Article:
Pregnant women most commonly report psychological responses of fear and depression
FRIDAY, Sept. 11, 2020 (HealthDay News) — Among pregnant women, the psychological response to the COVID-19 pandemic positively affects pregnancy stress, and security sense negatively affects pregnancy stress, according to a study published online Sept. 9 in the Journal of Clinical Nursing.
Qing-Xiang Zheng, R.N., from Fujian Maternity and Child Health Hospital in Fuzhou, China, and colleagues conducted a descriptive, cross-sectional survey study involving 331 pregnant women to examine the psychological status of pregnant women during the COVID-19 pandemic. Data were obtained from the psychological questionnaire for emergent events of public health, pregnancy stress scale, and security questionnaire.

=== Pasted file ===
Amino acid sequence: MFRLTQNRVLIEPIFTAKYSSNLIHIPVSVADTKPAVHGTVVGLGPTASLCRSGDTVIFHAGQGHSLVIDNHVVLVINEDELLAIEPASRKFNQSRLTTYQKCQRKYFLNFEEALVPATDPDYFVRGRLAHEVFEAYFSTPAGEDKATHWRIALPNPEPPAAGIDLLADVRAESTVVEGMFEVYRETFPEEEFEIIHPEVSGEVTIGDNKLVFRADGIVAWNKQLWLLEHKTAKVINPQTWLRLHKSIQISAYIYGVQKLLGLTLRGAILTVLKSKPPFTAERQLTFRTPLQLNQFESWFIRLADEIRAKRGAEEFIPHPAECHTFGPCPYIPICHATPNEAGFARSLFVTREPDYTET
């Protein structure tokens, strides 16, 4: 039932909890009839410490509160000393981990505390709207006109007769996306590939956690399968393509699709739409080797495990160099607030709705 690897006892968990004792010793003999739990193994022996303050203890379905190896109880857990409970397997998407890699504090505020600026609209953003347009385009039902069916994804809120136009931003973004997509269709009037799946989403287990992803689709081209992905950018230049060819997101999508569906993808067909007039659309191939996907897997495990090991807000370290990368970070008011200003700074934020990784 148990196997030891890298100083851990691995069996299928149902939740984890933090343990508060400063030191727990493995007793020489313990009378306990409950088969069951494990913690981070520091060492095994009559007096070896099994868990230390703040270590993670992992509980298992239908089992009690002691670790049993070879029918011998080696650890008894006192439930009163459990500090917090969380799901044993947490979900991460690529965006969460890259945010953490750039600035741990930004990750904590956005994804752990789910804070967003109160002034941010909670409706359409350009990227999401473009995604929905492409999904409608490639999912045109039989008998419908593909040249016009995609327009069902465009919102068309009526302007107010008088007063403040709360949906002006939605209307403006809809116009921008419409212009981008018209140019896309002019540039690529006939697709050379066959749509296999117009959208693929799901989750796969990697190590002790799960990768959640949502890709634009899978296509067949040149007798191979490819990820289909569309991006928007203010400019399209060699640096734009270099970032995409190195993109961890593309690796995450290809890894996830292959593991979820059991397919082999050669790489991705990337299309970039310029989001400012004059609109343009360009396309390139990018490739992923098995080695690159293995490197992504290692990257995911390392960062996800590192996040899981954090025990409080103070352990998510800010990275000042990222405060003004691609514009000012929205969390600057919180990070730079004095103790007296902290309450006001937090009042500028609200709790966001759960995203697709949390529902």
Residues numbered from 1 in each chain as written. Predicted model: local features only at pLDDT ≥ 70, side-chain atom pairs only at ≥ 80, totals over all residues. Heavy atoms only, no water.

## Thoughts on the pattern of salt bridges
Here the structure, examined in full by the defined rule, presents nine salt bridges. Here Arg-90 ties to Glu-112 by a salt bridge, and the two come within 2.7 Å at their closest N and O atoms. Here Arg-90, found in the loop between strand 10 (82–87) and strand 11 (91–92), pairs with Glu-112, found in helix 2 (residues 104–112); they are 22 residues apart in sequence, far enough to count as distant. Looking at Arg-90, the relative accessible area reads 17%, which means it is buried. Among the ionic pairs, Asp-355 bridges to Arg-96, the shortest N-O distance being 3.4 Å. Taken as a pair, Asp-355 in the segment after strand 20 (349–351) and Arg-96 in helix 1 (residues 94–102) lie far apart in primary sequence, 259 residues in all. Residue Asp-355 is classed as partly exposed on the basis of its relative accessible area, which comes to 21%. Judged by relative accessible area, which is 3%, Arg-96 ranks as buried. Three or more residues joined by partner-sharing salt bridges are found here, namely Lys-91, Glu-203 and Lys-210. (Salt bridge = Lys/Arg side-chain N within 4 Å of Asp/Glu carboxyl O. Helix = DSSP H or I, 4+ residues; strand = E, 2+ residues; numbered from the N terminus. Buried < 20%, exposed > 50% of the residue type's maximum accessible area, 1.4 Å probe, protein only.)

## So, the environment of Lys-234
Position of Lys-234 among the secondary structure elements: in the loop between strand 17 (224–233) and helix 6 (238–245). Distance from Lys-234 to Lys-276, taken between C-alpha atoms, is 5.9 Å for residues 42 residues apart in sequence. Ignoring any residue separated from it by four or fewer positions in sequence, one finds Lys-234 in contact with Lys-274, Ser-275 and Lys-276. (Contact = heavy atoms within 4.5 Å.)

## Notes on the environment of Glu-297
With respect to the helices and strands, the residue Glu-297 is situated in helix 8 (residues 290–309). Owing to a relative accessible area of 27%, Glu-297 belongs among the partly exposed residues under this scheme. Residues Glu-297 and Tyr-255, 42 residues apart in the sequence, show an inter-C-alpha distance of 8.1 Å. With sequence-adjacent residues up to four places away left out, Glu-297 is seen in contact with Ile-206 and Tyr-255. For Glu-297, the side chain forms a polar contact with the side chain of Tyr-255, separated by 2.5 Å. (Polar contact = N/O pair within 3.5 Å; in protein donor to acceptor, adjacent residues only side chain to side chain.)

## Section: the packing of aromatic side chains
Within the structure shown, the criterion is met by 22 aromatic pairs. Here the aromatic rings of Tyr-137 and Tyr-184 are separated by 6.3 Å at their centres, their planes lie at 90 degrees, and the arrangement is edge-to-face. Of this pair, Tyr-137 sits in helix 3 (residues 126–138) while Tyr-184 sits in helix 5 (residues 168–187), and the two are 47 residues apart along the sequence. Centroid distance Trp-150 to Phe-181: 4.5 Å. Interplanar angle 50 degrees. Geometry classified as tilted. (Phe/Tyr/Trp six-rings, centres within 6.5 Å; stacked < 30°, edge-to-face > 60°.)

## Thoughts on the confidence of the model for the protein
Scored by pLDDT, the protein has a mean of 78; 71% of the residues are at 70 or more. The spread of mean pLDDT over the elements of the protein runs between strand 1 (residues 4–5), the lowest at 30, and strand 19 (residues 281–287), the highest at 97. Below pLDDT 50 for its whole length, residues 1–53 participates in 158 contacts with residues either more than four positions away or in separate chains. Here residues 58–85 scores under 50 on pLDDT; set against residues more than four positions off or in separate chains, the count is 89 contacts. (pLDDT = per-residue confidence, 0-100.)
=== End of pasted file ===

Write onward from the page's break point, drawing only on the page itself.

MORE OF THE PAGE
The researchers found that during the COVID-19 pandemic, the most common psychological responses among pregnant women were fear and depression. Psychological response was found to positively affect pregnancy stress, while security sense had a negative impact on pregnancy stress. The response between psychological response and pregnancy stress was mediated by security sense.
“Nurses or midwives can also alleviate the stress of pregnant women by enhancing their security sense during the COVID-19 epidemic,” the authors write.
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